It’s clear that Israel’s strategy is to use the Syrian Civil War to deliberately provoke Hezbollah. The provocation is designed to goad Hezbollah into retaliation for over-flying Lebanon while on their way to apparently destroy weapons that the Israelis say are bound for Hezbollah.
The strategy has worked before. In 2006 the Israelis flew low level high speed jet sorties over Lebanon. Hezbollah responded by launching rockets into Israel. The situation then quickly escalated when the Israelis prepared reconnaissance patrols into south Lebanon. This resulted in an Israeli patrol unit being attacked close to the Lebanese border when three Israelis were killed and two others taken either dead or mortally wounded. The result was a war that the Israelis hoped would put an end to Hezbollah once and for all. However, Hezbollah turned out to be far more tenacious than the Israelis imagined and the war ended when the US under Bush and Condoleezza Rice were no longer able to support Israeli aggression due to international pressure to stop the war as hundreds of Lebanese civilians were being killed. 44 Israeli civilians were killed and 121 Israeli military personnel died. While many Lebanese civilians lost their lives and there was horrendous damage done to Lebanon’s infrastructure, Israel, considering its war aims were to destroy Hezbollah and occupy south Lebanon up to the Litani River, suffered a humiliating defeat. Now the Israelis are trying a different tack except this time their war aims are far grander and they hope to include the US.
The Israelis are clearly hoping that Hezbollah will retaliate in some way to Israeli provocation. So far, Hezbollah have resisted the temptation to launch any anti-aircraft missiles at Israeli aircraft overflying Lebanon and/or launch rockets against Israel in an attempt to deter Israel from further aggression.
As for Israel’s claims that their raids against weapons dumps in Syria are aimed at preventing weapons from reaching Hezbollah, this too is simply part of an overall strategy designed to demonise the Iran-Syria-Hezbollah alliance for propaganda purposes for when a wider regional war breaks out. It also provides a reasonable casus belli for when such a full on regional war does break out. The fact is, there would be no way that President al-Assad would want to provoke Israel by allowing any WMDs to be transferred to Hezbollah and Israel knows this. There is also no way that al-Assad would want to incur America’s wrath by using chemical weapons against anyone. Again, the Israelis know this. Yet it is the Israelis that are pushing this right to the very edge.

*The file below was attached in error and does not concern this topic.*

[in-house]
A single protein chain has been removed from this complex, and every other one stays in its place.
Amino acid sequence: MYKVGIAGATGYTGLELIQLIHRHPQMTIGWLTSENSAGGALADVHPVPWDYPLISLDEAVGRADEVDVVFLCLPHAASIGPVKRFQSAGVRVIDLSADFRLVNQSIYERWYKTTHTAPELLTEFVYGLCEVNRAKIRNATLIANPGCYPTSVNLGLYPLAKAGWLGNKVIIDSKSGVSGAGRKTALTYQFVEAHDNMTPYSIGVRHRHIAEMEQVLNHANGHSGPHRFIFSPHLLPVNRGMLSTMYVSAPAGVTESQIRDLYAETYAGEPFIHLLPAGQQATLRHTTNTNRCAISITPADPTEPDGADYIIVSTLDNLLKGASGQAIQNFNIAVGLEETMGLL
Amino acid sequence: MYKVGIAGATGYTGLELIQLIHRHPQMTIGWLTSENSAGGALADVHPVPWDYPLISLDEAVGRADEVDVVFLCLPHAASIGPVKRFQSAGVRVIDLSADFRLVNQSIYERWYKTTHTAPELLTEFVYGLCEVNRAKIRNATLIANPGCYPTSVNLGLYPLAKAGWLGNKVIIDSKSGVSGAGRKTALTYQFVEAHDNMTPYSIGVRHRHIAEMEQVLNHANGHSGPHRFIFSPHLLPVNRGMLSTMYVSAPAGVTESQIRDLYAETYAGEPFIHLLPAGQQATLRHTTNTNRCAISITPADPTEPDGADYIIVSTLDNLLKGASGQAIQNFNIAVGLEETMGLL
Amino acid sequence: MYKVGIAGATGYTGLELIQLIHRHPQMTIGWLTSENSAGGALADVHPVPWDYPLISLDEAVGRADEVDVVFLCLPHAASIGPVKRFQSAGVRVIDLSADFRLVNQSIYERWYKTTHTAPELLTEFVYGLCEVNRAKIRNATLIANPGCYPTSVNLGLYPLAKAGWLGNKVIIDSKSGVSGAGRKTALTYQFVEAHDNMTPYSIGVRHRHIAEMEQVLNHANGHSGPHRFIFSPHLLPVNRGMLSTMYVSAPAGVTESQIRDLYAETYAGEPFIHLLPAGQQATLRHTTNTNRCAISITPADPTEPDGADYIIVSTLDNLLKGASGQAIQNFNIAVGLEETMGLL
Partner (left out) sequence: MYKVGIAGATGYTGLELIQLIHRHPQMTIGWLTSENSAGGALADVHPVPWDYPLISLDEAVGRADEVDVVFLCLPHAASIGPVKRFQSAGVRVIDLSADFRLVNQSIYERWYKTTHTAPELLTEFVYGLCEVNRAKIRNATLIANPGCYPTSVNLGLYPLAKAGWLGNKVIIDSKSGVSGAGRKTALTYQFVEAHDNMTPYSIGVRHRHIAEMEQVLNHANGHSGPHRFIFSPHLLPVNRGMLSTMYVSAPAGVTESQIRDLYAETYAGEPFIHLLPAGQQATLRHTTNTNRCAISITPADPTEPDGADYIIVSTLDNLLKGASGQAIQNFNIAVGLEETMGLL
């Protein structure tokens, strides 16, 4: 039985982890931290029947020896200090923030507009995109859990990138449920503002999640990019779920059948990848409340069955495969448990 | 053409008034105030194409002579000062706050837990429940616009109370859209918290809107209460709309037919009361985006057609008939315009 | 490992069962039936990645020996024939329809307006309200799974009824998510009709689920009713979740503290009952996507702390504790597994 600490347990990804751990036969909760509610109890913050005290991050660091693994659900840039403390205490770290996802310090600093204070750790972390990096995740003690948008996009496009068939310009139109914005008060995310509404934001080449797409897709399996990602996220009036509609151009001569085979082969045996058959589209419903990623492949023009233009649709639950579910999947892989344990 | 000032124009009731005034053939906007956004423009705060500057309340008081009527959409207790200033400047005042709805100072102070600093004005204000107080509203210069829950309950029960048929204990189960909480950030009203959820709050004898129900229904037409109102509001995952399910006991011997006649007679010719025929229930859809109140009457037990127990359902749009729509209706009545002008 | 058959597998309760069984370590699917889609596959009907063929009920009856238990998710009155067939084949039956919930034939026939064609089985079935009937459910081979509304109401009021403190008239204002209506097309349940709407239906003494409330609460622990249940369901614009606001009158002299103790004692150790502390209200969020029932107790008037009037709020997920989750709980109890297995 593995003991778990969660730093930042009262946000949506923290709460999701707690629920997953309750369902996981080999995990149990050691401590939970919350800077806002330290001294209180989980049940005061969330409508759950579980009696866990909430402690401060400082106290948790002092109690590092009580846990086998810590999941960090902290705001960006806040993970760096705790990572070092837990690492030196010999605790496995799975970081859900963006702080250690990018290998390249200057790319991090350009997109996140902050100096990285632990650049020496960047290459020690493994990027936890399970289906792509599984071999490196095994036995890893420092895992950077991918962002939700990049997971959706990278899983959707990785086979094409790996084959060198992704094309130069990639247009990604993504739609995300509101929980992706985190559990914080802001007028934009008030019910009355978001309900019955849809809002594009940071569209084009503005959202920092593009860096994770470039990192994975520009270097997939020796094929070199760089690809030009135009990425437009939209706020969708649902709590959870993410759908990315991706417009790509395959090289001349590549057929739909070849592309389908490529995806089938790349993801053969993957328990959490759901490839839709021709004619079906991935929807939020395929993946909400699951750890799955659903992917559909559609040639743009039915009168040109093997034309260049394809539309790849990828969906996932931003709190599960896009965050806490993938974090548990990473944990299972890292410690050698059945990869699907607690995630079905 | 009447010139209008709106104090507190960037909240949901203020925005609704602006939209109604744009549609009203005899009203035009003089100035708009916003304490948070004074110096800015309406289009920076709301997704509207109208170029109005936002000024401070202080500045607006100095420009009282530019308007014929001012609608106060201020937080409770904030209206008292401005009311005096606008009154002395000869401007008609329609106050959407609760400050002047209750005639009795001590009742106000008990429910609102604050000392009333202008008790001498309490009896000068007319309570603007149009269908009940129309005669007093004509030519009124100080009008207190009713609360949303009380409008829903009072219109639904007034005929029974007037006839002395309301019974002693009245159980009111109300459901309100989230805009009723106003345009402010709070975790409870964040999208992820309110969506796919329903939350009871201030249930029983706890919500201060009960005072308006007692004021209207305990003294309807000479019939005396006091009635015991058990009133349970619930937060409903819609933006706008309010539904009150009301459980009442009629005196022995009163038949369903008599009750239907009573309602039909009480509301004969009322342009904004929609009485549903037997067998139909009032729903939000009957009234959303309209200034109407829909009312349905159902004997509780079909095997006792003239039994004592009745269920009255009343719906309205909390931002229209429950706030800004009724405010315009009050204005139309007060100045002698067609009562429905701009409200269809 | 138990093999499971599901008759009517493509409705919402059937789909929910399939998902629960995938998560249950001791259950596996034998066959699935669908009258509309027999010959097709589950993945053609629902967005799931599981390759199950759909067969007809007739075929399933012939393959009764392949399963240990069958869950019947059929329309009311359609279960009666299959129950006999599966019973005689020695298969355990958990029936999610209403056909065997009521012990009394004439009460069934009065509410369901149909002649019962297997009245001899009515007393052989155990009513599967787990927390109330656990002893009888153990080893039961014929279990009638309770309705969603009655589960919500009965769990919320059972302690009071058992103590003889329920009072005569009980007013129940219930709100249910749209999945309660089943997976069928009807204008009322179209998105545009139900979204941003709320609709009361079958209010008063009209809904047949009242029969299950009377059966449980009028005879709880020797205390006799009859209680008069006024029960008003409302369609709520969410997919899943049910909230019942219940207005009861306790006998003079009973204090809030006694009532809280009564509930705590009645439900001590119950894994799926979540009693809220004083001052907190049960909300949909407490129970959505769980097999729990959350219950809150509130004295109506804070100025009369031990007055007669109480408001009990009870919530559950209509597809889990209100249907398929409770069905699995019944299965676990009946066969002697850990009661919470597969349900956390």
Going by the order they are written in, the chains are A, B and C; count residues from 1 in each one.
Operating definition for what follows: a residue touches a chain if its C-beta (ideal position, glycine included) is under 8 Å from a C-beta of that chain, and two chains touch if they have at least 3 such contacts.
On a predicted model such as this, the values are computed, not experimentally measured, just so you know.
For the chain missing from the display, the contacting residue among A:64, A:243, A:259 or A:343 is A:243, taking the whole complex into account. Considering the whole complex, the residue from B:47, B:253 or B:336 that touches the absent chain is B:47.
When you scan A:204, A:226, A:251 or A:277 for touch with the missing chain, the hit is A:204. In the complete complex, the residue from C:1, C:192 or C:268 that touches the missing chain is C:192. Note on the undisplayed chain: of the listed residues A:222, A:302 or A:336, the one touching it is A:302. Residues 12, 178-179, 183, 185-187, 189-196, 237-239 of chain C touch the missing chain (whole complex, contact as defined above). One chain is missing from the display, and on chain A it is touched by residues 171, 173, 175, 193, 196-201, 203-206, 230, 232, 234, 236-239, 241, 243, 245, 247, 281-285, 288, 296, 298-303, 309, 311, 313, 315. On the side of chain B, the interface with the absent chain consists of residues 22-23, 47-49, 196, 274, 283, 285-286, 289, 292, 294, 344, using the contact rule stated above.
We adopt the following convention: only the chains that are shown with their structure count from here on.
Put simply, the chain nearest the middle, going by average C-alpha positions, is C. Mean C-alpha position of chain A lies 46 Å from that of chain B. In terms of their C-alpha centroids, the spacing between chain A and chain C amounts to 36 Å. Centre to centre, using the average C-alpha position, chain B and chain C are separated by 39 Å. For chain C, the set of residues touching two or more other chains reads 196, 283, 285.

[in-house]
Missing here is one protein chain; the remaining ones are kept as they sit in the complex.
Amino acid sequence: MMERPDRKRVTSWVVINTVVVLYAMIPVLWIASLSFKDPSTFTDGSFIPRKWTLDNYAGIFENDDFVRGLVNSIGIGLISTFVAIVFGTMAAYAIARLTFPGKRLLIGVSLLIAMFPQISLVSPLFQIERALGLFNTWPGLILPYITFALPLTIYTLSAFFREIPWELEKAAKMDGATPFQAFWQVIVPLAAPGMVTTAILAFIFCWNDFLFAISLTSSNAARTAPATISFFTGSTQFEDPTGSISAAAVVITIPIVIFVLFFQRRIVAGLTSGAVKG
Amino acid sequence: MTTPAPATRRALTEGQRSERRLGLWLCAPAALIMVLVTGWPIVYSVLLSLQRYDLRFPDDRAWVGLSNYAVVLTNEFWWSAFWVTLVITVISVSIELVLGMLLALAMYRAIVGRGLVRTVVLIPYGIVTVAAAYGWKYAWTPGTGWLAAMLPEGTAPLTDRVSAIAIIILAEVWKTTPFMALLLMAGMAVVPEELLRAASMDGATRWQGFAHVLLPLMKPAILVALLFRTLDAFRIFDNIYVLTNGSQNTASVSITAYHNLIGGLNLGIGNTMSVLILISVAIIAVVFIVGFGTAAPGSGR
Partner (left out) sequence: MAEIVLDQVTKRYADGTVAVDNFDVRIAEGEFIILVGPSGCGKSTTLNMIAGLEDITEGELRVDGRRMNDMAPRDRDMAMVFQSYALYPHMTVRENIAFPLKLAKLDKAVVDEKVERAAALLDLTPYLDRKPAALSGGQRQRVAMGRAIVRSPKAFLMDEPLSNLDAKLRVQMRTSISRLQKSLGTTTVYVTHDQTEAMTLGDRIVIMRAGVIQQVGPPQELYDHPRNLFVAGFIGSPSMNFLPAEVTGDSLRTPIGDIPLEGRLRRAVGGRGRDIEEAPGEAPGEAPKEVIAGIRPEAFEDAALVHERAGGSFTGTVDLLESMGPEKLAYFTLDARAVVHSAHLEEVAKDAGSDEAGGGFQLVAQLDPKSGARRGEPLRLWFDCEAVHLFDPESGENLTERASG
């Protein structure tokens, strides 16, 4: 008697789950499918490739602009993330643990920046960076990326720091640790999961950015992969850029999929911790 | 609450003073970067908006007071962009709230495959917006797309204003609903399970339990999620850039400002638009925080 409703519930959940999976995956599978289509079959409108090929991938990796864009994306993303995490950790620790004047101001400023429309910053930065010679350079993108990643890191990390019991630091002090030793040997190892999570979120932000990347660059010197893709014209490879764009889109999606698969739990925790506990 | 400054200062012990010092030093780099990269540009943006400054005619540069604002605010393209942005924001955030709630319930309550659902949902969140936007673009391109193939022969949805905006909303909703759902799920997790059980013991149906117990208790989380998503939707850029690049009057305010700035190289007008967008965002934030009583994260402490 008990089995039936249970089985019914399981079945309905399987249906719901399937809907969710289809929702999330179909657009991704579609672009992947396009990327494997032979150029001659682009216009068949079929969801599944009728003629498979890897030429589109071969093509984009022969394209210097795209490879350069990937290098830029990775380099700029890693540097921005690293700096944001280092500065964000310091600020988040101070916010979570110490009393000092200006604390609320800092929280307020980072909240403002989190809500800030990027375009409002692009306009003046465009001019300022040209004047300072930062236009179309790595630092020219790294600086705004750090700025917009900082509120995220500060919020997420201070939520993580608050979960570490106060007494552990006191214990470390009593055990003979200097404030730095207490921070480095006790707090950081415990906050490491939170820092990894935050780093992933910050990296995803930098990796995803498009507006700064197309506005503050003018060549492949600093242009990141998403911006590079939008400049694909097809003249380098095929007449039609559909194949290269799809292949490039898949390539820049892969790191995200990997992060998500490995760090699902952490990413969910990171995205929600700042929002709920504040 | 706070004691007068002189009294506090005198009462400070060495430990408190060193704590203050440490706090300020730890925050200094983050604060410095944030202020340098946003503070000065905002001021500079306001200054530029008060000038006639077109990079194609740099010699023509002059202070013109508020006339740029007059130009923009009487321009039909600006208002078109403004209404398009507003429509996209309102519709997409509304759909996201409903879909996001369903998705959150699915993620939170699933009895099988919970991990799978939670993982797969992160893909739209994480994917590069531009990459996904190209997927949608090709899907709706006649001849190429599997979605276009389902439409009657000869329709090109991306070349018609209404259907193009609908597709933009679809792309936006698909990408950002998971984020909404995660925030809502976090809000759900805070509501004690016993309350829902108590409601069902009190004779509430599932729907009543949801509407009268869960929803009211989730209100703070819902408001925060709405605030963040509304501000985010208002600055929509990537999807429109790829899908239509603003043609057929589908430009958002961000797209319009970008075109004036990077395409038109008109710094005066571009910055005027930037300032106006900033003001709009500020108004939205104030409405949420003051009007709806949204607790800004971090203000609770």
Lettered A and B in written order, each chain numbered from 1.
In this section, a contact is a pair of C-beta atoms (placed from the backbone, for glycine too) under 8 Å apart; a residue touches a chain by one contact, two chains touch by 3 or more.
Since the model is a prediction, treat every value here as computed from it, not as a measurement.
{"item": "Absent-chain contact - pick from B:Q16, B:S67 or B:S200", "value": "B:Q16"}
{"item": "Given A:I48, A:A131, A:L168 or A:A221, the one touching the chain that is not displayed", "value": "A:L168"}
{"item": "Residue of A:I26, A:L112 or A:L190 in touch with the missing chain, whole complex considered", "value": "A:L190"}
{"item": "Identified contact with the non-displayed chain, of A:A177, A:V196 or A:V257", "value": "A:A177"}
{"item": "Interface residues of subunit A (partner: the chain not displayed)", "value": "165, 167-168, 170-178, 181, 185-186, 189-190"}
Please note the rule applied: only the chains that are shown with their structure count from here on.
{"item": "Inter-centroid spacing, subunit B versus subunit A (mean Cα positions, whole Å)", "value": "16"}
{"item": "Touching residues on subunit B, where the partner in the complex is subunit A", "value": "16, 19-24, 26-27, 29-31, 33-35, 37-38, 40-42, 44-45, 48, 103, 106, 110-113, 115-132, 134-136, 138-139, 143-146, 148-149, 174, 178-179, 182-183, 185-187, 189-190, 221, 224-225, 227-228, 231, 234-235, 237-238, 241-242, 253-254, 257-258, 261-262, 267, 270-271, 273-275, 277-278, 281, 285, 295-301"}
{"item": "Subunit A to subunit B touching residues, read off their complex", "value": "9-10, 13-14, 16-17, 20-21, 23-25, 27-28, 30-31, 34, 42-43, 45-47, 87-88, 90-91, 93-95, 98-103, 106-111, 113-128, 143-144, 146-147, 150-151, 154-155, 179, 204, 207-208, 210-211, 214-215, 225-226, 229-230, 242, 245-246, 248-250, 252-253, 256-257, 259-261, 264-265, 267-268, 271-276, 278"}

Israel is desperate to initiate a regional confrontation with all of their enemies that will allow them to pursue their territorial expansionist ambitions which will result in the long term in realising their dreams of a Greater Israel. There are a number of doors through which Israel can pass through in order to kick off their long sought after war. The civil war in Syria is just another door.
Hezbollah has never been shy about declaring its support for the Syrian regime. Since the launch of a Western and Arab campaign against the Resistance in 2005 – which only intensified after the July 2006 war – the party has never been reluctant in repeatedly confirming its close affinity to Damascus.
When the crisis in Syria erupted, Hezbollah sought to distinguish between what it saw as legitimate demands by the Syrian people for reforms that would end one-party rule and attempts by foreign power to seize the opportunity to topple President Bashar al-Assad.
For a year or so after the outbreak of the Syrian crisis, the party did not deem it necessary to intervene in the conflict, until military operations came close to areas of concern to Hezbollah on many levels.
Gradually, its role in Syria grew until the party became responsible for protecting a large number of Lebanese living in Syria – in addition to some Syrians, as well – who are under threat of being expelled from their lands by armed opposition groups backed by foreign powers.
Another area of concern for Hezbollah was the increasing role Israeli intelligence, backed by the West, began to play in the conflict, particularly in targeting people and places of concern to the Resistance.
The party did not stop at simply protecting its supporters in order to prevent their displacement, but took a further step of giving them the wherewithal to defend themselves from any attacks. It did this openly before the eyes of the public and in coordination with the regime, losing several of its fighters in the process.
The days will come when the details of Hezbollah’s role in Syria will be revealed, exaggerating the party’s involvement to such an extent as to suggest that it was the key factor in saving the regime, or to frame its largely defensive military activities as a crusade against the Sunnis of Syria.
Many of Hezbollah’s supporters in Lebanon and the Arab world are certainly not comfortable with its involvement in Syria, prompting party leaders to come up with convincing explanations to justify their actions. But if it is willing to give so much life and blood for the sake of the resistance, losing some of its popularity in defending what it considers to be a key ally in the struggle is not such a terrible sacrifice.
On the other side, those very same parties that threw themselves into the Syrian crisis from day one, supporting the armed opposition, do not let a day pass without attacking Hezbollah for fighting in Syria, while at the same time keeping quiet about the ugliest crimes being committed by the armed groups.
They raise empty slogans about Syria’s national unity despite the fact that 1.5 million Syrians from the country’s various minorities have been displaced at the hands of jihadi groups, who by all accounts have become the dominant current among the opposition forces.